Community: Get Involved: Gateway to Hope
This nonprofit organization offers comprehensive medical treatment and caring comfort to uninsured and underinsured patients who are battling breast cancer.
Six years ago, Dr. David Caplin, a local plastic surgeon, met with a patient who was diagnosed with breast cancer. Suzanne needed a double mastectomy to save her life, but felt that the expense would burden her family, a harrowing decision that would ultimately cause her to lose her fight against breast cancer. What’s more disheartening is that Suzanne was aware of the lump in her breast for two years before seeing a doctor; she knew that even if a mammogram came back positive for breast cancer, that she would be unable to afford treatment.
Suzanne is like many women in our community. She was in her early 30s and was the breadwinner of her family, but didn’t have insurance. Dr. Caplin was treating her husband when he learned about Suzanne, but by that time, she was already very ill. When she died, Dr. Caplin says he didn’t want anyone else who was diagnosed with breast cancer to have to make the difficult decisions Suzanne was forced to make. Her story inspired him to start Gateway to Hope in 2005, a nonprofit that offers complimentary comprehensive treatment to uninsured and underinsured breast cancer patients.
Dr. Caplin began asking medical professionals in the area to donate their expertise and services to patients with breast cancer. He first called oncologic surgeon Dr. Marlys Schuh, who agreed to co-found the organization with Dr. Caplin. Together, the doctors called upon their colleagues to join their efforts; each year as the need grew, the organization expanded its outreach to recruit new surgeons, oncologists, radiation specialists, lab techs, nurses, pharmacists—all the specialists a cancer patient may need during her (or his) treatment. Today, there are more than 130 physicians, hospitals, laboratories, pharmacies and social service professionals who donate their services to Gateway to Hope patients. The organization’s mission goes beyond medical treatment to partner with businesses that provide transportation, medication, medical supplies, home health care, bras, wigs and meals to patients.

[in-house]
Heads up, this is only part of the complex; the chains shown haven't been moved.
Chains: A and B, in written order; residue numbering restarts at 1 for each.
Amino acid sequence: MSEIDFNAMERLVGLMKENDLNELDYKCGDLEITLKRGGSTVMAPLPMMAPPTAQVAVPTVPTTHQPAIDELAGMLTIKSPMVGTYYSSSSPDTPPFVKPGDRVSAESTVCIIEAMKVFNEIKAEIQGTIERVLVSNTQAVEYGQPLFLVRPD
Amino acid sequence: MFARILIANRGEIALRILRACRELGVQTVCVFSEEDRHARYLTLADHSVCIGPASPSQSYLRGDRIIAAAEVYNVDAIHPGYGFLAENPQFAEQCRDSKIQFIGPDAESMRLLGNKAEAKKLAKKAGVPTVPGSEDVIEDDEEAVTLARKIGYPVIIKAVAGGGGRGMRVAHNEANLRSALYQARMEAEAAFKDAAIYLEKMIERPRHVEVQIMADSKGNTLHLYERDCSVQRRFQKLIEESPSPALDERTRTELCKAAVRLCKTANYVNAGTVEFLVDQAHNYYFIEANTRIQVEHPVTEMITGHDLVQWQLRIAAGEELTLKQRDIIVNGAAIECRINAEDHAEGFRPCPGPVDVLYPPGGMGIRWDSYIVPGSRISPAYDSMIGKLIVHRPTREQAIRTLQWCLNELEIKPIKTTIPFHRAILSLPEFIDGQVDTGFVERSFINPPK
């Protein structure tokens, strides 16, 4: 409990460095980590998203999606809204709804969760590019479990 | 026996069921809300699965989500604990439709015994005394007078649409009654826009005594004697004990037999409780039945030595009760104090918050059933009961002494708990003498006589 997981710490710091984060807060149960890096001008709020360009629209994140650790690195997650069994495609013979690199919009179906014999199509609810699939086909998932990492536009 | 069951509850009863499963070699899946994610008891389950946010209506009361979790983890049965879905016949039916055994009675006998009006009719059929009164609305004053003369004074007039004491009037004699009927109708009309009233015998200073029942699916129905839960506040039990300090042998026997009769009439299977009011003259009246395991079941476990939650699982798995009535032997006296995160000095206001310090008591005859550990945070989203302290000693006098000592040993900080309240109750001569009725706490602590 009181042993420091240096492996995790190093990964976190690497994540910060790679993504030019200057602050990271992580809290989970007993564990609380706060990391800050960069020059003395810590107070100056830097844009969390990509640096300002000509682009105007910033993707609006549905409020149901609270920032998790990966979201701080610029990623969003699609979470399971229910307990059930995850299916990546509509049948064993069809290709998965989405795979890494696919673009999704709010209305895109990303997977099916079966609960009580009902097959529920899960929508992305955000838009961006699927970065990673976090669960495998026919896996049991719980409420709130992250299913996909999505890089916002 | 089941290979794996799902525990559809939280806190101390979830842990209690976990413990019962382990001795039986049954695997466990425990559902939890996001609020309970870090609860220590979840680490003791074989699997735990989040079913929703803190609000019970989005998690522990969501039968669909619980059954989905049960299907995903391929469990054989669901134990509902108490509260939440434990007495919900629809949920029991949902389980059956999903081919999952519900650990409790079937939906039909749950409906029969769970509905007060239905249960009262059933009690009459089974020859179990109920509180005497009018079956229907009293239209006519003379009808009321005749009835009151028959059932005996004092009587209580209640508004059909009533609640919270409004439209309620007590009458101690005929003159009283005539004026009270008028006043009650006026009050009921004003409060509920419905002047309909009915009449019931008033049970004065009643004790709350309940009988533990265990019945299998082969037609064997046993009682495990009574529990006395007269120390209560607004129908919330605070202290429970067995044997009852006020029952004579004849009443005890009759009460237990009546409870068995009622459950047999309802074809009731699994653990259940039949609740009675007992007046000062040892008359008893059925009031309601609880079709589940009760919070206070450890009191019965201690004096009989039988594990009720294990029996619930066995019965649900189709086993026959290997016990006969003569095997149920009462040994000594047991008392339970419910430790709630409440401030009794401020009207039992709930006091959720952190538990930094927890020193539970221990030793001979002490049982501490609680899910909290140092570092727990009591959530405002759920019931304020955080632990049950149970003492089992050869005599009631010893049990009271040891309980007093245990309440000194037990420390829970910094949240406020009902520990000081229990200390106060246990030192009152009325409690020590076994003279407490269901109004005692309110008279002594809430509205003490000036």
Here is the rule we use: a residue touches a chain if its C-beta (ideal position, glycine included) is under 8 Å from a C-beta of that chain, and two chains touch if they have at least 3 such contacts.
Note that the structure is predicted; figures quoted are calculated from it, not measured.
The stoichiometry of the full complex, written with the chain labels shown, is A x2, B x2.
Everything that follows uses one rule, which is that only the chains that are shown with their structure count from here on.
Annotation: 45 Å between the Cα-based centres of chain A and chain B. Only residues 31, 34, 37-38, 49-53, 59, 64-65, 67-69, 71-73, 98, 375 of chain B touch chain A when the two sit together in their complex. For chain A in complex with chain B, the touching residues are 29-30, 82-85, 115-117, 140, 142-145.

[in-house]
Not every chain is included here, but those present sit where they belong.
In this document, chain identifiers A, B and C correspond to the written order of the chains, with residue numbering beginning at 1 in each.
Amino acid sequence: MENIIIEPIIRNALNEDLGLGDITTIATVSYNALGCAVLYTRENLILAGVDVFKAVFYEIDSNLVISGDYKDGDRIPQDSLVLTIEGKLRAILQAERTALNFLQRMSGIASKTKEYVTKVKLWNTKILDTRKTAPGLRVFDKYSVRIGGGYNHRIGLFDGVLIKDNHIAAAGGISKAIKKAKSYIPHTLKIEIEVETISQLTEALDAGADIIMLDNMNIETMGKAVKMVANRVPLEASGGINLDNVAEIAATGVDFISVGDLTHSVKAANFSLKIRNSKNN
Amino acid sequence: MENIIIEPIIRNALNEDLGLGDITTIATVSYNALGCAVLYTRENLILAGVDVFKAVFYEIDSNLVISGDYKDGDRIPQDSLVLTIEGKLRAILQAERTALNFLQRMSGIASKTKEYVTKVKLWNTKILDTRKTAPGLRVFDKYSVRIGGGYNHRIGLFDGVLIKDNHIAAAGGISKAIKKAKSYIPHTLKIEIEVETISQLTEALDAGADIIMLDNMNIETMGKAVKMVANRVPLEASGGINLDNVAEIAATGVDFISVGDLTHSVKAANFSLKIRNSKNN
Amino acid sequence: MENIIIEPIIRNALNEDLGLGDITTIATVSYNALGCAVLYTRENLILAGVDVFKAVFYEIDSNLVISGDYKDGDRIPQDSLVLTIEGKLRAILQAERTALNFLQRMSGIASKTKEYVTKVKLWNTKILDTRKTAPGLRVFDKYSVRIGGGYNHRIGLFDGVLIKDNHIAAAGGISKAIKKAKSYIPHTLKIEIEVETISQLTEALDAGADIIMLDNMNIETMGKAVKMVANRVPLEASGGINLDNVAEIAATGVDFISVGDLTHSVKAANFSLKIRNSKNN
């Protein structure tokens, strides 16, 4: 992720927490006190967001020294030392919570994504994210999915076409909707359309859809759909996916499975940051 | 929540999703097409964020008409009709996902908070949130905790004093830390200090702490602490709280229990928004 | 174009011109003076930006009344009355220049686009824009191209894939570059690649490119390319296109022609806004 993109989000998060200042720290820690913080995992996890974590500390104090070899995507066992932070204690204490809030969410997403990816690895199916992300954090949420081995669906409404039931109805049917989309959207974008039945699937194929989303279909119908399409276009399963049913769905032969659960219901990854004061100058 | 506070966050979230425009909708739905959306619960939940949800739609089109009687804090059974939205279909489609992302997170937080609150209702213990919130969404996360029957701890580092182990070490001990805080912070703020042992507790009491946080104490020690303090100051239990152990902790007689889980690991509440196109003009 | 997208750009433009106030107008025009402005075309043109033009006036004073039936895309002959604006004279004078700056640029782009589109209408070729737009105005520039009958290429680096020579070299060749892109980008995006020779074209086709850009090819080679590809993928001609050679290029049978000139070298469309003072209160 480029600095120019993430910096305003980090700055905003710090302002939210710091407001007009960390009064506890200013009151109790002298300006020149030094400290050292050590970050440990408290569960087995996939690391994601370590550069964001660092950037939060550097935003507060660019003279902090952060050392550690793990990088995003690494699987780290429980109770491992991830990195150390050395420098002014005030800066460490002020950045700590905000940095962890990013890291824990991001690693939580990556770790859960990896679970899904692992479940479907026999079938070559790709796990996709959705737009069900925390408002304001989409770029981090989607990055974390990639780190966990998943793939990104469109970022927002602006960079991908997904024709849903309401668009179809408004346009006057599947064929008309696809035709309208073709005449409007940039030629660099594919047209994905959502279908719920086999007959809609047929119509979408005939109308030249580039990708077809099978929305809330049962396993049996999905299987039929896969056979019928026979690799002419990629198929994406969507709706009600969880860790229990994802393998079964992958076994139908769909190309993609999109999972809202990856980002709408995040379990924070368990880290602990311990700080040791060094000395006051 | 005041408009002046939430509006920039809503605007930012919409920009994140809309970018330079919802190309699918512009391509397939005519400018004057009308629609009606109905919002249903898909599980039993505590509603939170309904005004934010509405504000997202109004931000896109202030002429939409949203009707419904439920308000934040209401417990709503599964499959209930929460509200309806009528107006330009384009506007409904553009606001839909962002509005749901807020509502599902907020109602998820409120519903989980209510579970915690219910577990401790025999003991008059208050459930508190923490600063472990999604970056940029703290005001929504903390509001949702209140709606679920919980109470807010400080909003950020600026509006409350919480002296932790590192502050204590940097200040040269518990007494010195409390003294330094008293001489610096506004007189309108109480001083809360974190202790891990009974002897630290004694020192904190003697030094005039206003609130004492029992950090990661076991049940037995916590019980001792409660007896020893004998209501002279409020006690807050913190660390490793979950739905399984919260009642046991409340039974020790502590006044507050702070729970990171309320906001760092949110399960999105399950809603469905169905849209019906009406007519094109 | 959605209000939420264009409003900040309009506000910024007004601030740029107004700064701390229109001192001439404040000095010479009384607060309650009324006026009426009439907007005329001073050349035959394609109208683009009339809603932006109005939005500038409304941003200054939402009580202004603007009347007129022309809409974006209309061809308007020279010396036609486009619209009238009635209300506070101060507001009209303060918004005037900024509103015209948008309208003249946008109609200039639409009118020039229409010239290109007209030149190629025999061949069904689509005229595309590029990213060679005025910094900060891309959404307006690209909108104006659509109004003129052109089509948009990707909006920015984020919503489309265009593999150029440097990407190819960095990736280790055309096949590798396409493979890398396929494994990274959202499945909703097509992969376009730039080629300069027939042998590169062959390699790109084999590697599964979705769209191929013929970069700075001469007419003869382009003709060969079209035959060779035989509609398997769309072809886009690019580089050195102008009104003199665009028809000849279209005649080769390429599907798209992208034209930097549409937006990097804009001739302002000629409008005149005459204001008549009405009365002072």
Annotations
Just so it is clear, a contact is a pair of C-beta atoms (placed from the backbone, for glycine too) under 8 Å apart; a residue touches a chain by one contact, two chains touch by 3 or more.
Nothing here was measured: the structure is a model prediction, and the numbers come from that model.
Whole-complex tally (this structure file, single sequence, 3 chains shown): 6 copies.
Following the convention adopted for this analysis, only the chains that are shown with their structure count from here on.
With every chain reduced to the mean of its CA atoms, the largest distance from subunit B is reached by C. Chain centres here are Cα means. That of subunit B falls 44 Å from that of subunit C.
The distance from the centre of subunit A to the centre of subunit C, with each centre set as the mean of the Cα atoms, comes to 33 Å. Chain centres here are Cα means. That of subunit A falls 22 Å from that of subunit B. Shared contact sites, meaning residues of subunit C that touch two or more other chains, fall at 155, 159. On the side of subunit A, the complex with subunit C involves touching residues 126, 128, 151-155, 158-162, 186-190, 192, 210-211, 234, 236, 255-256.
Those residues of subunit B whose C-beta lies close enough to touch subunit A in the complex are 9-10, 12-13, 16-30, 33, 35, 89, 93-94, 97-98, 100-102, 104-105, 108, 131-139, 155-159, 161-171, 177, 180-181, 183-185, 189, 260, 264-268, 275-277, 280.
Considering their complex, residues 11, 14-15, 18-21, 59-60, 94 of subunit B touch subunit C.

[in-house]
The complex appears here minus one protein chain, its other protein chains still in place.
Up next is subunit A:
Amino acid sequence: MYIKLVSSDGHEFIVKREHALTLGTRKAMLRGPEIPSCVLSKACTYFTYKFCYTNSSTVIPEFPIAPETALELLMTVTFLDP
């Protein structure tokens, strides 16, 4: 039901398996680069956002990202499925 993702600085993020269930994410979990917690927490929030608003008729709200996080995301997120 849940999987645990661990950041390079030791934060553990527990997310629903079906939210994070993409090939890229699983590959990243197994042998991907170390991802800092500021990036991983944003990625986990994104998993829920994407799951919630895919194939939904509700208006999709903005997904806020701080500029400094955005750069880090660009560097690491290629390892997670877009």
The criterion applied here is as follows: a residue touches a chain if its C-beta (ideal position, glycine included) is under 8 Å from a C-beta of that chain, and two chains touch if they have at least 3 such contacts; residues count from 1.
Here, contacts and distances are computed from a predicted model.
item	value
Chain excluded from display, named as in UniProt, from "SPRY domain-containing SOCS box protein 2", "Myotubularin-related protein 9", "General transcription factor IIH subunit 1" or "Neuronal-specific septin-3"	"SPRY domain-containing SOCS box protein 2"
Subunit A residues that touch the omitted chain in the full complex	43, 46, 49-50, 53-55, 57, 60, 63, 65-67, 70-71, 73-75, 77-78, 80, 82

“Our goal is to relieve patients of the stress that comes with having a breast cancer diagnosis and having nowhere to turn,” says Cindy Frank, executive director of Gateway to Hope. “Our mission is to give them the treatment and support they need in order to get them to the point where they can live long and happy lives with their loved ones.”
Since its inception, Gateway to Hope has cared for more than 150 patients, and the need keeps growing. With that growth, the organization relies on volunteers who help organize events and do community outreach. “We want to make sure everyone who needs us knows about us,” Frank says. “If individuals have a church, work or school group or any organization that would let us come speak to their group, that would be terrific in helping to get our name and mission out there.”
Gateway to Hope also has a Young Friends group and multiple committees that welcome new members. And in recognition of Breast Cancer Awareness Month, Saks Fifth Avenue is partnering with the organization for “Key to the Cure 3D” on Wednesday, October 20, a private shopping event to benefit Gateway to Hope.
For more info about Gateway to Hope or the Key to the Cure event, log on to gthstl.org or call 314.569.1113.
Gateway to Hope Survivors and Volunteers at The 2010 Susan G. Komen Race for the Cure
Gateway to Hope Patient Chantelle
Gateway to Hope Patient Constance
Gateway to Hope Patient Chantelle
Photo credit: Photos courtesy of Gateway to Hope